I must have ridden across this trestle on the California Zephyr back in 1963 on our first family trip west. It's located on the old Western Pacific (now Union Pacific) at the top end of the Feather River Canyon.

Like many classic railroad viewing spots, it's not a terribly safe place to watch trains. The road turns sharply around a blind curve, although at least there's a guard rail to separate pedestrians from log trucks and RVs.  And the classic camera shots are on a scree slope that drops over the roof of the train tunnel. I waited a little hoping to catch a train, but with no luck.

The northern branch of the wye is the "Inside Gateway" route to northern California, although I thought there was some confusion on railroad history sites about its importance. But regardless, it's a cool spot for those of us who love railroads and trestles.

Lassen Peak

I had eight days to get from Seattle to the Minneapolis airport to pick up M and I spent the first day and the first 629 miles heading south. The rationale should emerge over subsequent posts. This was certainly the longest day of the trip east.

I never actually saw the top of Lassen Peak, so the title is a little of a misrepresentation, but I got glimpses of its base and the weather away from the peak was very nice.

I got into Cave Campground in Lassen National Forest, just north of the National Park, around 8 PM and paid my $16 fee with a $20 bill. I woke very early, packed my wet tent (it poured for an hour or so during the night), then drove into the Park. I had the Park pretty much to myself - I saw only a couple of cars during the drive through. I had thought that if it was perfectly clear I might try the hike to the top - apparently snow levels this year make that reasonable - but it wasn't perfectly clear and I settled for a short stop at the trailhead parking lot.

Until 1980, Lassen held title to the largest historical eruption in the Cascades, exploding spectacularly on May 22nd, 1915 (almost exactly 100 years ago).  Much of the landscape is still recovering a century later and there are still plenty of signs of magmatic heat stewing below the surface.

Lassen is the southern most of the active Cascades, not coincidentally lying pretty much due east of Cape Mendocino and the southern end of the Cascadia Subduction Zone.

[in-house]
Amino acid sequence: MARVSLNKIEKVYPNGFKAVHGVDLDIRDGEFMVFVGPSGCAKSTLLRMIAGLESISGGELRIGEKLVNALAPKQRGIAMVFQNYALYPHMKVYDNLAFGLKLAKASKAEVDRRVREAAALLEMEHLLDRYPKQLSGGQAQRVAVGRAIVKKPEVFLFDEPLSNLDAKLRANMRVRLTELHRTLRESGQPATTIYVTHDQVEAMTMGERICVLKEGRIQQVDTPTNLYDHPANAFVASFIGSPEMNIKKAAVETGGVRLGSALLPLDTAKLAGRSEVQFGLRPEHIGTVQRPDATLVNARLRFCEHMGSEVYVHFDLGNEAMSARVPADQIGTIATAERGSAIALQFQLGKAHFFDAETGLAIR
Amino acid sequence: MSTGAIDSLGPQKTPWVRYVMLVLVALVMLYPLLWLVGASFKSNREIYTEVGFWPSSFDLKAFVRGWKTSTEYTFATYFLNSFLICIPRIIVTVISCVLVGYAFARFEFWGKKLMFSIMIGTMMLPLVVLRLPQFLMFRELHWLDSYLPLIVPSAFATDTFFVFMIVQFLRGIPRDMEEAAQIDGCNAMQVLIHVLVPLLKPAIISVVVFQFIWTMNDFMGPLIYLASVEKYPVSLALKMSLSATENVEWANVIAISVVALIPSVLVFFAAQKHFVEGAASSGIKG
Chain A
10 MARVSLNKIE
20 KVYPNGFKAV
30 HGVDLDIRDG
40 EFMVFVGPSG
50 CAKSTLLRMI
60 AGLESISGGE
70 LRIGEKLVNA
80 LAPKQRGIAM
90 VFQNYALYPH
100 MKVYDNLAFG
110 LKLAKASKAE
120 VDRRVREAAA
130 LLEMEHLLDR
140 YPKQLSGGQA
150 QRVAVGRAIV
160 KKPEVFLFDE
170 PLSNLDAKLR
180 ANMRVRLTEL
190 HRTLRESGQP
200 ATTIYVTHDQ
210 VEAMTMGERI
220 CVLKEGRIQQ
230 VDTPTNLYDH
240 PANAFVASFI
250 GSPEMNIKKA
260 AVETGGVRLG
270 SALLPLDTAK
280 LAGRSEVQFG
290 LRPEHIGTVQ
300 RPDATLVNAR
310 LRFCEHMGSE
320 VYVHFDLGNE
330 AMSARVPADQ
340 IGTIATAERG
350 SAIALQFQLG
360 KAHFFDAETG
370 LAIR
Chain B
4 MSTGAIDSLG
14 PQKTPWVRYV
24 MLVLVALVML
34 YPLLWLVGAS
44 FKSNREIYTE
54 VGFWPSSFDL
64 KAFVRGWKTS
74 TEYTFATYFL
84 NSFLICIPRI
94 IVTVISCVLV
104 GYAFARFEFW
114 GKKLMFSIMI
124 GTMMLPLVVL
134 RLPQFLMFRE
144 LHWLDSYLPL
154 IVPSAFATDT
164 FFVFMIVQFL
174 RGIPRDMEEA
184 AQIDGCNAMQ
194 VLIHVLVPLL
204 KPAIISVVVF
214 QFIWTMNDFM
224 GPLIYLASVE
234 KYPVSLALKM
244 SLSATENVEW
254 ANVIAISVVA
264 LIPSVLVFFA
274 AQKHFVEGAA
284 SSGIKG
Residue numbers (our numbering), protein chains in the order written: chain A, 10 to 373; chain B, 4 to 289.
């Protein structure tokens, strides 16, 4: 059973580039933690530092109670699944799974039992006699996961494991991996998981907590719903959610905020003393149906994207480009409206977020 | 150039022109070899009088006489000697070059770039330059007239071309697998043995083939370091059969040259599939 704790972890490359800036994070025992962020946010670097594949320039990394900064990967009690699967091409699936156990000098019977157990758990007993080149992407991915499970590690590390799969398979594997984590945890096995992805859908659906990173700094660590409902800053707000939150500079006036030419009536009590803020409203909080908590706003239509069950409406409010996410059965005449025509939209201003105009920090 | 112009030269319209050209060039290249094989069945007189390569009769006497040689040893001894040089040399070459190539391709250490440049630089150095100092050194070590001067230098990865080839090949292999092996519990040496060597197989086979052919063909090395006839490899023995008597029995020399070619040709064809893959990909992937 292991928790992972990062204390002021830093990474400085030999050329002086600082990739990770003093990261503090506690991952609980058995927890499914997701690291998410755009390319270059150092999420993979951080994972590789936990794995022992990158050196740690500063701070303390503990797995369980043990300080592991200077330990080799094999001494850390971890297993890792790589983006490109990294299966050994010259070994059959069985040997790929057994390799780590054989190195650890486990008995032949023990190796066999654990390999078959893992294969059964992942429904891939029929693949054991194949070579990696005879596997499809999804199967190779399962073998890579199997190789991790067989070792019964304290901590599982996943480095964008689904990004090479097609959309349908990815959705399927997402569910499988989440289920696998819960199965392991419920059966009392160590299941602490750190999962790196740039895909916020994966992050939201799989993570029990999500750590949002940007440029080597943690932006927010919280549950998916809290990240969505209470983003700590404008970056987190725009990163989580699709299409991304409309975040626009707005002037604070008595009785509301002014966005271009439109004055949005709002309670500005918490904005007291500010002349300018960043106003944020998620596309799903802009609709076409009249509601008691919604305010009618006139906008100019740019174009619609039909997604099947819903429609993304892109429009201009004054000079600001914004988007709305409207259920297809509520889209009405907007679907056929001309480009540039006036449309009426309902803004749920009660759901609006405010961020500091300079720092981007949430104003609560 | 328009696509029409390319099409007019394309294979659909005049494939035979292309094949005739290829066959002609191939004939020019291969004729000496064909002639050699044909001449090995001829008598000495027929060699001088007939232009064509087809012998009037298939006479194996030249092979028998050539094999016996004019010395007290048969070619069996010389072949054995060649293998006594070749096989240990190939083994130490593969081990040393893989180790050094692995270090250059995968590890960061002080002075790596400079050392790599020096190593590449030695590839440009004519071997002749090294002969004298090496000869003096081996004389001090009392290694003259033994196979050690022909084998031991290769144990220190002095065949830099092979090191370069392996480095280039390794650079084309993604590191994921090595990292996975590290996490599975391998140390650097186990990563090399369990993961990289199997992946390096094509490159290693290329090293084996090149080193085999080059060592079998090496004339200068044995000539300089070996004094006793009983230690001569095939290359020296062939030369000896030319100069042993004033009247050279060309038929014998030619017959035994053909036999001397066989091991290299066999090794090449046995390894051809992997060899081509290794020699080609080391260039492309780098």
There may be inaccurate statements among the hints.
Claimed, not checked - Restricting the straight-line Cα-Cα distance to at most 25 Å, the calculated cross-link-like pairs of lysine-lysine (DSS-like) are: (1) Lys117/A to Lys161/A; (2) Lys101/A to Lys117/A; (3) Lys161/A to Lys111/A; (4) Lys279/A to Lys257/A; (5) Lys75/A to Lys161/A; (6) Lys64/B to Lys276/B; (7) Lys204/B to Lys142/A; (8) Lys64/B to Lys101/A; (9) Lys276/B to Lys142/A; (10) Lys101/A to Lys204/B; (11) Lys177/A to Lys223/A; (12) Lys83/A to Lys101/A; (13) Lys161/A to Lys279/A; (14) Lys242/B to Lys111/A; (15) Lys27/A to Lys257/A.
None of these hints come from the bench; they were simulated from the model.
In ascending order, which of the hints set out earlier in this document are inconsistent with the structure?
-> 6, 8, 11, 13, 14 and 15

This is the first of roughly two dozen posts from this year's June road trip - I'm hoping to crank the others out over the next week or so.

Thursday, July 02, 2015


Back to Division III Ultimate Nationals in the midwest again. The second year for me, the third for M, and the fourth for D and Carleton GOP. This year they arrived ranked somewhere in the middle of the pack and wound up the tournament in fifth place.

It's amazing how many parents showed up - some from the region, but many like us from farther away.

Last year: DIII Nationals in Westerville OH

** Although Nationals was the third weekend of May, this is only getting posted on July 2nd. I spent the spring spiraling into computer hell as a hard disk gradually failed and I finally replaced the computer just the day before our June road trip. Now I've got a lot of catching up to do. As I've noted previously, I try to maintain chronological order, but posts are rarely live and in this case, not even fresh.

This also means that this post will be rapidly buried by a couple of dozen posts from the trip!

Sunday, June 28, 2015


Midway is a remarkably compact airport, squeezed into a super-sized city block, every inch of space put to use. It's pretty much all Southwest Airlines now and that's how we arrived, landing low over the Giordano's at the southeast corner (Cicero and West 63rd). And that's where we ended up for dinner after picking up our rental car.

We weren't quite as impressed as we were with D on earlier trips, but maybe there's just something special about the downtown locations. We still ate well, and then hit the road and Friday evening traffic for our drive up to Rockford.

On Sunday afternoon, we had enough time to swing along the lake and down Michigan Avenue before heading back to airport. Our sightseeing was limited to windshield views and quick photos from stop lights.

Tuesday, April 21, 2015

Oyster Dome